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February 2007 Archives

February 4, 2007

it's all about the oasis

after spending several days in lima for a wedding and then the resulting "ok, TOMORROW we're going to make plans and move on...", i finally made it out of lima and down to the oasis of huacachina.

i'd never heard of huacachina in my life before, but i was assured by several other backpackers that i'd met in peru that it was an excellent place to stay and burn away a few days. i was definitely not disappointed.

the main hostel in town, the "casa de arena dos", offers mediocre accommodation at not-so-great prices, but is quite social and has the best backpacker party scene. since i was travelling with a friend and we wanted something more relaxed, for only a few dollars more per night we checked into the nearby and EXCELLENT "El Huacachinero". beautiful accommodations with clean rooms and modern decor, a beautiful swimming pool, and back gates that led out directly onto the sand dunes (with sandboards sitting around for the using), several exotic parrots in residence, good food and bar, and a great mix of young, mellow independent travellers, this was one of the best places i'd found to stay on my trip.

we ended up spending a week here, taking dune buggy rides (if you're staying at El Huacachinero, book through them to get an extra discount on the room rate), swimming, exploring the somewhat-run-down town of Huacachina (its like a MUCH more benign version of the salton sea in some ways.... definitely not running at full peak, but still a pleasant place to visit in the middle of the desert). my one piece of advice would be to make all onward travel arrangements BEFORE arriving here -- you'll want to avoid the nearby town of Ica (which has no travel agents, and a few ATMs for that critical cash fix) as much as possible, as it is a real bringdown after chilling out at Huacachina.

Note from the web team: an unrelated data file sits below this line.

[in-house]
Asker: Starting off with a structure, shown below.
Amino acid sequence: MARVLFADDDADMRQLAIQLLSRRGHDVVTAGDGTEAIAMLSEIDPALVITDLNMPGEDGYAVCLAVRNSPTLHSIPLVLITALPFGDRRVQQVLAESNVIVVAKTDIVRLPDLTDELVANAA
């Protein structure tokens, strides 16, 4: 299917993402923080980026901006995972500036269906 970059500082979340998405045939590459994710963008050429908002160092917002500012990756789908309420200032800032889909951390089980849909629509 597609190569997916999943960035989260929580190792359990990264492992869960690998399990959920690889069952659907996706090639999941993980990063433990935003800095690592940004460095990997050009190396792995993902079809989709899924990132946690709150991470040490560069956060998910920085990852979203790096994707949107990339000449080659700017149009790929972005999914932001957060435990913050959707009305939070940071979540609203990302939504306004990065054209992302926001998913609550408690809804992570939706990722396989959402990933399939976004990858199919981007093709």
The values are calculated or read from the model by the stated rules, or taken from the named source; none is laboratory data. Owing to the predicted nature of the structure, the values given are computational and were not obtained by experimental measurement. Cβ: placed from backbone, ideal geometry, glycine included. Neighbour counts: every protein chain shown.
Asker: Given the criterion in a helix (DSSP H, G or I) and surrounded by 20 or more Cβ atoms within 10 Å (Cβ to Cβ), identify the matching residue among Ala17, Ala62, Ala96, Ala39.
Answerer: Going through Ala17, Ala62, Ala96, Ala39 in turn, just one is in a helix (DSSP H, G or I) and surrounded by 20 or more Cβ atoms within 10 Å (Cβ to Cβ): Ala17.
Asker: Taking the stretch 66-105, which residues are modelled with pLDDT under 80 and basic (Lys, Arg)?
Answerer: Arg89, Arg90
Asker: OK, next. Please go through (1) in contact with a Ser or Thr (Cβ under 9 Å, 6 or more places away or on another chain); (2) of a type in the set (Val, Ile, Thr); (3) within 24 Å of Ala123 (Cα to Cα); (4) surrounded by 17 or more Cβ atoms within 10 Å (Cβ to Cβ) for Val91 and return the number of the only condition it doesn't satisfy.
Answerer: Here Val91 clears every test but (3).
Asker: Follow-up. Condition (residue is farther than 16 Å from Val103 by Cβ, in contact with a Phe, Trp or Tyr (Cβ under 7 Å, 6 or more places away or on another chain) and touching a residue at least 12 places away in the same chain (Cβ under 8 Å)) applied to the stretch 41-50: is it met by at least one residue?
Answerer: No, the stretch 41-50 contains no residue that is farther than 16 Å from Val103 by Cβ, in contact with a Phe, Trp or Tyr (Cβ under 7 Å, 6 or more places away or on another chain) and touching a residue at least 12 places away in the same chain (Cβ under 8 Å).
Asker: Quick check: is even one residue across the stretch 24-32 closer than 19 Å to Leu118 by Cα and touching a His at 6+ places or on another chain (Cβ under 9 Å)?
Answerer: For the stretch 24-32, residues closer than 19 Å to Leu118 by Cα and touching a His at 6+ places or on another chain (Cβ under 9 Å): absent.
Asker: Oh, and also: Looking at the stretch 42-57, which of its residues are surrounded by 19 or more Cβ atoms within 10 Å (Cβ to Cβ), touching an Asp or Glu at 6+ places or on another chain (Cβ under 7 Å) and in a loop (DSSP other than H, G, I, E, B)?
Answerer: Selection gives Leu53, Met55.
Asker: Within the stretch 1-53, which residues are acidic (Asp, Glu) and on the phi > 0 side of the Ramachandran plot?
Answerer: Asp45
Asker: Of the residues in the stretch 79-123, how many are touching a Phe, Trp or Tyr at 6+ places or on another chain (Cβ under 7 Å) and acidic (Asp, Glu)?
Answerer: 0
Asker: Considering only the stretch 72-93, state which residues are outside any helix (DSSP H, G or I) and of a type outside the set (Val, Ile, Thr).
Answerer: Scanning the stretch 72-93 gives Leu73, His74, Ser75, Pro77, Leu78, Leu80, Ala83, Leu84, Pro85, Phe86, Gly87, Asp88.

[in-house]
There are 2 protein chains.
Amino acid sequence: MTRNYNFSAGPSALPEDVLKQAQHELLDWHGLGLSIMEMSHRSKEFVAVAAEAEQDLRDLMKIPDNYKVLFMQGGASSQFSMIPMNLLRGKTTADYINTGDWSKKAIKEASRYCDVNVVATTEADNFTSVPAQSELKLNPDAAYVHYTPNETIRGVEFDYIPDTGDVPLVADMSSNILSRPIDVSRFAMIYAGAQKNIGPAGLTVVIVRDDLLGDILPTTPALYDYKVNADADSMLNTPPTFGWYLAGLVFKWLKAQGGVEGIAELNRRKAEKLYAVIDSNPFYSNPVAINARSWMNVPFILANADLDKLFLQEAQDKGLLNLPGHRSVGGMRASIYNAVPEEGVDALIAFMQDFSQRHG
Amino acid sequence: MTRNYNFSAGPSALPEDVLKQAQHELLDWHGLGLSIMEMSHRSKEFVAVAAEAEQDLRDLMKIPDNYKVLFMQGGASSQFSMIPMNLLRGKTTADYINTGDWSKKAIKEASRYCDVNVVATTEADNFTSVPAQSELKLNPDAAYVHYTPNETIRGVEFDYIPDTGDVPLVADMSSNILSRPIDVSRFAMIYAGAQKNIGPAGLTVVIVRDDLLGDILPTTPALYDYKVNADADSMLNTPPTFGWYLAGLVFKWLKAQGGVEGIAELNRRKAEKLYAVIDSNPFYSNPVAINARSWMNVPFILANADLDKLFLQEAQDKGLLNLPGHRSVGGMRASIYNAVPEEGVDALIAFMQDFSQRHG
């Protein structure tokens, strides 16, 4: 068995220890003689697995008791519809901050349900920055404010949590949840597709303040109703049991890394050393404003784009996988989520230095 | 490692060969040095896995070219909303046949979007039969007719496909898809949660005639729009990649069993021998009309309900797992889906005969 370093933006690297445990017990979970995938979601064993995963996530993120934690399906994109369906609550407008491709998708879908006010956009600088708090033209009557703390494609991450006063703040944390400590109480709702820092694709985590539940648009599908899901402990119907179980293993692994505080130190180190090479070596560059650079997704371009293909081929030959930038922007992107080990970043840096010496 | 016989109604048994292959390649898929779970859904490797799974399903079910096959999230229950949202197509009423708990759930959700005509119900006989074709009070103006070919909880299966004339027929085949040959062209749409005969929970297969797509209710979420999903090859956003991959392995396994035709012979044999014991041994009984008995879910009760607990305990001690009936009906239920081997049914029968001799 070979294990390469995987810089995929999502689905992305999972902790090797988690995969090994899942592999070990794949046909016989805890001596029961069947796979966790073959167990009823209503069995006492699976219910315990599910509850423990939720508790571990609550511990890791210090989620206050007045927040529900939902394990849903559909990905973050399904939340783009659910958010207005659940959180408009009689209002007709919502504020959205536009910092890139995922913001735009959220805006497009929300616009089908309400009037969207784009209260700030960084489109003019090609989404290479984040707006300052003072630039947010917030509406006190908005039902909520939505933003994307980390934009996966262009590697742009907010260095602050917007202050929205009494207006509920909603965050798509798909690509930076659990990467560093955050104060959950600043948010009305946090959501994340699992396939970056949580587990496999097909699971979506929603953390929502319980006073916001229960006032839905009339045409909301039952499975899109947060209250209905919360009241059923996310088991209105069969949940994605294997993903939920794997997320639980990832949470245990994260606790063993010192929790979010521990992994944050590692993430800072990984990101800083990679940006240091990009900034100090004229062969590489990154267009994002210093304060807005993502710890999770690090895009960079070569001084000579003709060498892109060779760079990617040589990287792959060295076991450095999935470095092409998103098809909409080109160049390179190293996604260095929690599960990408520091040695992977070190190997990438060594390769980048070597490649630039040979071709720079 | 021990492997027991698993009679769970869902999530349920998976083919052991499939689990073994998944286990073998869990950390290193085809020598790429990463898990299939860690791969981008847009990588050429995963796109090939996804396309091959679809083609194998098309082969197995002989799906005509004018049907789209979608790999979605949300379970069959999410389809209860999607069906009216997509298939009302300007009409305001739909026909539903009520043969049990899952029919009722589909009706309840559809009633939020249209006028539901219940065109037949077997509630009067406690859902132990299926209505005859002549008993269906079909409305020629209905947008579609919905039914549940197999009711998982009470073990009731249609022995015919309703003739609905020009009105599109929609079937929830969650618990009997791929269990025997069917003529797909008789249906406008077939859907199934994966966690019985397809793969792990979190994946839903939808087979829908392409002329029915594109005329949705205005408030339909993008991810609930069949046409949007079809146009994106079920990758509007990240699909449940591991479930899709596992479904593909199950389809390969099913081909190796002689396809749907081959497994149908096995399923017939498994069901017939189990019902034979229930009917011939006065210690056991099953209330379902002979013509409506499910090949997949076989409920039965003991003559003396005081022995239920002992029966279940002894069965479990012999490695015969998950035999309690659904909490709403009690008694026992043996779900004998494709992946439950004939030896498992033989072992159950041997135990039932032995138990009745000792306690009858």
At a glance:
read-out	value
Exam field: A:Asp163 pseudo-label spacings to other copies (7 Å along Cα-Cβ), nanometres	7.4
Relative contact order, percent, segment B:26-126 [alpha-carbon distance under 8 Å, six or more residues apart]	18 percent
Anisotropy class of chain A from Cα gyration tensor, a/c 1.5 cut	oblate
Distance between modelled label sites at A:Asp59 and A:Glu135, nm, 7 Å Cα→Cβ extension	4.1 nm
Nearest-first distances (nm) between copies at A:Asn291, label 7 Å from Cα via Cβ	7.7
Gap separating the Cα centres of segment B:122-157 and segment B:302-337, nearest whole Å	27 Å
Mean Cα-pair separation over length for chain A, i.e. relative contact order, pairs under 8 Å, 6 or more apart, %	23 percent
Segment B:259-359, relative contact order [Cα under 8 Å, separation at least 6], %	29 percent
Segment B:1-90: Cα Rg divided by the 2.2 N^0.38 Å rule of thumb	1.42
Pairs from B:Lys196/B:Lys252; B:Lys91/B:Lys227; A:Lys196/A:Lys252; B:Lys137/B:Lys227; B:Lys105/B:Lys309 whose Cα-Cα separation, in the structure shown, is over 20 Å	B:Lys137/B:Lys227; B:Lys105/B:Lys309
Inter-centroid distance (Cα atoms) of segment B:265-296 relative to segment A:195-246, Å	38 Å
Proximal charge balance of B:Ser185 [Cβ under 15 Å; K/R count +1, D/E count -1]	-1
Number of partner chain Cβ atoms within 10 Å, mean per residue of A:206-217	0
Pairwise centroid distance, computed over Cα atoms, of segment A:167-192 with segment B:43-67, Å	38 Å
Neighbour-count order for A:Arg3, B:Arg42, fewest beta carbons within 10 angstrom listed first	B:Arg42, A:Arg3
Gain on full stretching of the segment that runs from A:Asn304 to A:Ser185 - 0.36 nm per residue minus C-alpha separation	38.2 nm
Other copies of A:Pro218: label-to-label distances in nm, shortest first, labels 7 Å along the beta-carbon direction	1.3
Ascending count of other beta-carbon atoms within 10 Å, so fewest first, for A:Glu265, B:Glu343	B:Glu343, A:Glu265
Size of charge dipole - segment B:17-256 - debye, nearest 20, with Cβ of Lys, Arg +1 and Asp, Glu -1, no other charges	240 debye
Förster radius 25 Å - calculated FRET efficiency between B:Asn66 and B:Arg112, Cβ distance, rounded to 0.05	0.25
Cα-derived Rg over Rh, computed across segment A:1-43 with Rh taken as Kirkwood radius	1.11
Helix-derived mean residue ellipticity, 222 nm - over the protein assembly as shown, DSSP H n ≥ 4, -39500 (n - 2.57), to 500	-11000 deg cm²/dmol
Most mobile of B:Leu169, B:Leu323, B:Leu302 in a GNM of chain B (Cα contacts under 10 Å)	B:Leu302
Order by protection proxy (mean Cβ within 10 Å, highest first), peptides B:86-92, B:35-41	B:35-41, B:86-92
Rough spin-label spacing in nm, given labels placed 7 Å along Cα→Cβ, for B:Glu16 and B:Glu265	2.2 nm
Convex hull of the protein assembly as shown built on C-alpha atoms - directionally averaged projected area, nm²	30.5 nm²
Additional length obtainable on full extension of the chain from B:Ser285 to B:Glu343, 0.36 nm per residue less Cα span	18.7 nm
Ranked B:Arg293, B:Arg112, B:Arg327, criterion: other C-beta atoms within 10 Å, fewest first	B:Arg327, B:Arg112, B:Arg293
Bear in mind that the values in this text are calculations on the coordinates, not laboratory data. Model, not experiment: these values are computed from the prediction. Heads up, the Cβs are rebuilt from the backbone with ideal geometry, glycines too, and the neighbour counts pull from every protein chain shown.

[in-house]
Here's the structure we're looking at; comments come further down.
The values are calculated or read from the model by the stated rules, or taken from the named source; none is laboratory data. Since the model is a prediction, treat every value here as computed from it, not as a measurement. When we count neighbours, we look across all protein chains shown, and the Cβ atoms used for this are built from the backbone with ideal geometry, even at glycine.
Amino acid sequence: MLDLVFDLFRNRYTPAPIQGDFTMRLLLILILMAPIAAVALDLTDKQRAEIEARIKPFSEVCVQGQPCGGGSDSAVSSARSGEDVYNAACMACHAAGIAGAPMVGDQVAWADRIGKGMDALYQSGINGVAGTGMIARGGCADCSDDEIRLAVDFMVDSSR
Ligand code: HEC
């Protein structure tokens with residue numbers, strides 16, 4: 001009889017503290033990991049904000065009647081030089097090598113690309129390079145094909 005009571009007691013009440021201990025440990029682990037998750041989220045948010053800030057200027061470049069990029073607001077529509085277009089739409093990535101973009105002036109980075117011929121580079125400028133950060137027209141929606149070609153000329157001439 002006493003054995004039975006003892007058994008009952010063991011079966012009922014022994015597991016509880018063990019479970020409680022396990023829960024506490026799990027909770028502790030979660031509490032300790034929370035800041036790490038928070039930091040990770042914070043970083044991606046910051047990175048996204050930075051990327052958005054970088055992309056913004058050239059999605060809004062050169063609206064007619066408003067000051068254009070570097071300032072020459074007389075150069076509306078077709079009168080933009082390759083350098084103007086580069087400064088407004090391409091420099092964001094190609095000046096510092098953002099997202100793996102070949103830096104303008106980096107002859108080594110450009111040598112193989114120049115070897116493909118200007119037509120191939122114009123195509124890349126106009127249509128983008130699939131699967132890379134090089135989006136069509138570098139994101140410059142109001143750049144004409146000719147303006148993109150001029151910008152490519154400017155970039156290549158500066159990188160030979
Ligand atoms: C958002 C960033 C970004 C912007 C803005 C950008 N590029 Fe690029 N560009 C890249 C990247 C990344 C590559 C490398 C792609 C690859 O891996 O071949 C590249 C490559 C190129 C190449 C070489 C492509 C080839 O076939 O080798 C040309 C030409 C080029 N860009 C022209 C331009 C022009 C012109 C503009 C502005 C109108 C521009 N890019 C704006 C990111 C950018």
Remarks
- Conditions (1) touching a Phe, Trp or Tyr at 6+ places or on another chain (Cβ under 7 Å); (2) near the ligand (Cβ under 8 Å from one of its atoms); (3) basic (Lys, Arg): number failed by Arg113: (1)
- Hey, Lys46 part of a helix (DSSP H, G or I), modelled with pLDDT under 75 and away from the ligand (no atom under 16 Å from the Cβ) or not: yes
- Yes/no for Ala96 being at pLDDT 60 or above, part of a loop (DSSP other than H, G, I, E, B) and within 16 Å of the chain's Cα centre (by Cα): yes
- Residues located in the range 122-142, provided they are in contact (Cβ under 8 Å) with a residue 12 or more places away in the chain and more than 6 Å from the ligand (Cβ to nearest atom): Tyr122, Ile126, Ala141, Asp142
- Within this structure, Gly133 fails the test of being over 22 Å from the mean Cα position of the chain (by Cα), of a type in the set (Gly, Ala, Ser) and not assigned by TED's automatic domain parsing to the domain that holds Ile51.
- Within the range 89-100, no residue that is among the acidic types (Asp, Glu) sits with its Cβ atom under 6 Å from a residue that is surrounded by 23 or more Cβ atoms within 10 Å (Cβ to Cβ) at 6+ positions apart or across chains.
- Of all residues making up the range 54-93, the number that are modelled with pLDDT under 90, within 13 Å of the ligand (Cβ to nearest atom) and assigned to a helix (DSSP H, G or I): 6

next stop, nazca lines!

February 10, 2007

hanging out in iquique

after visiting the Nazca Lines several days ago, i managed to fall intensely sick with a simultaneous bad cold and eye infection (probably from my contact lenses). after trying to work through the local pharmacy, who managed to give me some cold medications that really screwed up my stomach without doing much of anything positive for me, i finally looked up the correct methods for eye infection treatment on the internet (it's a bad sign when google and wikipedia are your most available sources of medical advice), and bought the correct prescription medication at the pharmacy with a dosage schedule derived from the manufacturer's drug information sheet.

i then hopped on a 14-hour bus ride south to Tacna, which is Peru's closest border town with Chile. from there I took a 2-3 hour ride on a "collectivo" taxi, which turned out to be a giant old Chevrolet lined with a plush red interior and 4 other passengers across the Peru/Chile border, and arrived in the Chilean town of Arica.

after the run-downness of the town of Nazca, Arica was a wonderful change. prosperous town, nice pedestrian mall, lots of services, and (most importantly to me), plenty of friendly optometrists with good facilities to get the eye infection thing straightened out with. after a few days recovering from everything, i hopped on another bus further down the Chilean coast to Iquique.